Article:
3. Consider global attitudinal differences regarding autonomous driving acceptance

    Another area the study revealed was the variable acceptance of autonomous-driving vehicles across countries. There was a strong emotional anxiety and fear associated with autonomous driving in the U.S., U.K. and Germany. I argue it’s because we like to drive our cars! Surprisingly, Brazil and China were open to autonomous-driving vehicles. These differences highlight the need to address attitudes when launching products into markets. In this case, manufacturers should address the fear and anxiety in the U.S., U.K. and German markets. But in Brazil and China, perhaps call out the ride-sharing benefits.

    4. Design the car of the future as a service, not a product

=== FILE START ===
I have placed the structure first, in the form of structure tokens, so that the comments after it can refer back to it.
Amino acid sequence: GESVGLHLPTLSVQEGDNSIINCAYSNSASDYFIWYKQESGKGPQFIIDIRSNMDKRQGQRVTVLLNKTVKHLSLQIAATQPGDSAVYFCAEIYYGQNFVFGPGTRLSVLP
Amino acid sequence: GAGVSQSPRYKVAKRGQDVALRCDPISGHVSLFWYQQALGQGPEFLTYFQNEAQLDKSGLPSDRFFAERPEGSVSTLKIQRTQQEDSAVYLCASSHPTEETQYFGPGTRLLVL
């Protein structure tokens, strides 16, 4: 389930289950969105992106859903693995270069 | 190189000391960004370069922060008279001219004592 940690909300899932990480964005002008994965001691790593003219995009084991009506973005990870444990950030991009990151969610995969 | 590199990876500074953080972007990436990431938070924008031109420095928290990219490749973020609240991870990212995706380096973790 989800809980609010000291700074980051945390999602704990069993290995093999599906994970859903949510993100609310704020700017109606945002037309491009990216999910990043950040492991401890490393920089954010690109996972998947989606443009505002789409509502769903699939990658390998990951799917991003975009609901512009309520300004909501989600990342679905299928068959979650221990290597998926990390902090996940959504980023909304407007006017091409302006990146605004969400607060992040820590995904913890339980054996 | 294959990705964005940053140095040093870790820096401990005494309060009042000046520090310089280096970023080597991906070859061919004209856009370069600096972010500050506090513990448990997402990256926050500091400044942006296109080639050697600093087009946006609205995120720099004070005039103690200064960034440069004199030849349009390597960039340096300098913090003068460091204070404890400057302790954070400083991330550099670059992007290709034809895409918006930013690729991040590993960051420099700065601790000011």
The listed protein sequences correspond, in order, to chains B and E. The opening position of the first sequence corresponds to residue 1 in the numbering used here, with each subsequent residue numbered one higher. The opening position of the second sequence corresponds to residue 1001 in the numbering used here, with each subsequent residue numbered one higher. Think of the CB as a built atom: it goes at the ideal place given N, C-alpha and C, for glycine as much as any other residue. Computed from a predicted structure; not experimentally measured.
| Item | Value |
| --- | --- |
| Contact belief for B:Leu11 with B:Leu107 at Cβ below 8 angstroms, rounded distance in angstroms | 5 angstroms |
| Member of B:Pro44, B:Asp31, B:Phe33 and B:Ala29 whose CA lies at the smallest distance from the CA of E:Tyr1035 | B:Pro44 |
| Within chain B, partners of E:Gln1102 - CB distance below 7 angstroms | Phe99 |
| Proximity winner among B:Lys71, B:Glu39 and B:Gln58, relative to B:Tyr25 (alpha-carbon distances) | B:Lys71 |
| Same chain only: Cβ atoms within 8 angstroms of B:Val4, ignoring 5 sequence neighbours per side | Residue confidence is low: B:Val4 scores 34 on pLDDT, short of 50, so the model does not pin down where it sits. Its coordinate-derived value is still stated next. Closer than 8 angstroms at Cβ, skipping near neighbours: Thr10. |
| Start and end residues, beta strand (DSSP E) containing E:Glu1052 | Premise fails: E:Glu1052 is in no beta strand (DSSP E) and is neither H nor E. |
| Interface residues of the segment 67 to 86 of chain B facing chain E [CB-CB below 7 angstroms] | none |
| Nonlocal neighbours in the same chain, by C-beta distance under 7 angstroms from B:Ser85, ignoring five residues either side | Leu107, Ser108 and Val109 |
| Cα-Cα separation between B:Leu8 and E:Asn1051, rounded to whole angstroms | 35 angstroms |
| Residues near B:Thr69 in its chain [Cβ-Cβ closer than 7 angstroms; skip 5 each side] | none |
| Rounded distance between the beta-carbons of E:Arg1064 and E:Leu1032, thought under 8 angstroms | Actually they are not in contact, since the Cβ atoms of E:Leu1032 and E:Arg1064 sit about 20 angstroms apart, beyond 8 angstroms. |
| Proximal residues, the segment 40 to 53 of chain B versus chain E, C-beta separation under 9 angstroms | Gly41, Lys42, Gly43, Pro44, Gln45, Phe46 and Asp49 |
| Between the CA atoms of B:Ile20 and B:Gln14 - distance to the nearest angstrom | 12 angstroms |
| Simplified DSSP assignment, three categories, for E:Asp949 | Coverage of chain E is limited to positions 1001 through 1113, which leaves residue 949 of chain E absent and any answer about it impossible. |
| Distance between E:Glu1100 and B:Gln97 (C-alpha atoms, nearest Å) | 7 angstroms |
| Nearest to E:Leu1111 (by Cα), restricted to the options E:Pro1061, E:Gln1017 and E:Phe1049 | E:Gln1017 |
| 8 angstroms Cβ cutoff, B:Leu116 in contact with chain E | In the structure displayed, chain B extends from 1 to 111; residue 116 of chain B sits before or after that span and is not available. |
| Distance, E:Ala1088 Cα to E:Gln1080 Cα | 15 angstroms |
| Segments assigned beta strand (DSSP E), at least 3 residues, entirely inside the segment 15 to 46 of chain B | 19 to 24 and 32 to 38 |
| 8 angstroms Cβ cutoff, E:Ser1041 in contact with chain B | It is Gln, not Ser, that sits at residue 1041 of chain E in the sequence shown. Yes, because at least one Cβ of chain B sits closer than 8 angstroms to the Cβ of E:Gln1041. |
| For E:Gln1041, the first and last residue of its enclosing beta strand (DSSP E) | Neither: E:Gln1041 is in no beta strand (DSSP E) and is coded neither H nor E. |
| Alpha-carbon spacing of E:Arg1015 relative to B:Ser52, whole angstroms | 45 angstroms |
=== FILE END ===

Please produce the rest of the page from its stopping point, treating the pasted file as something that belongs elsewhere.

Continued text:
An interesting result from our Future of Auto study was around market segmentation. The six segments of car buyers were:
    • Safe & Worry Free – Oldest of the segments, this group has below average use of in-vehicle technologies. Typically, they seek inexpensive, easy to use features that will make driving safer.
    • Keep Me Young – This segment enjoys driving and taking care of their vehicle. On average, they seek technologies that enhance the driving experience and performance of their vehicle.
    • Savvy Enthusiasts – This segment enjoys technology and the driving experience. Seek automotive technology that entertains driver and passenger and allows them to connect everyday technologies to their vehicle.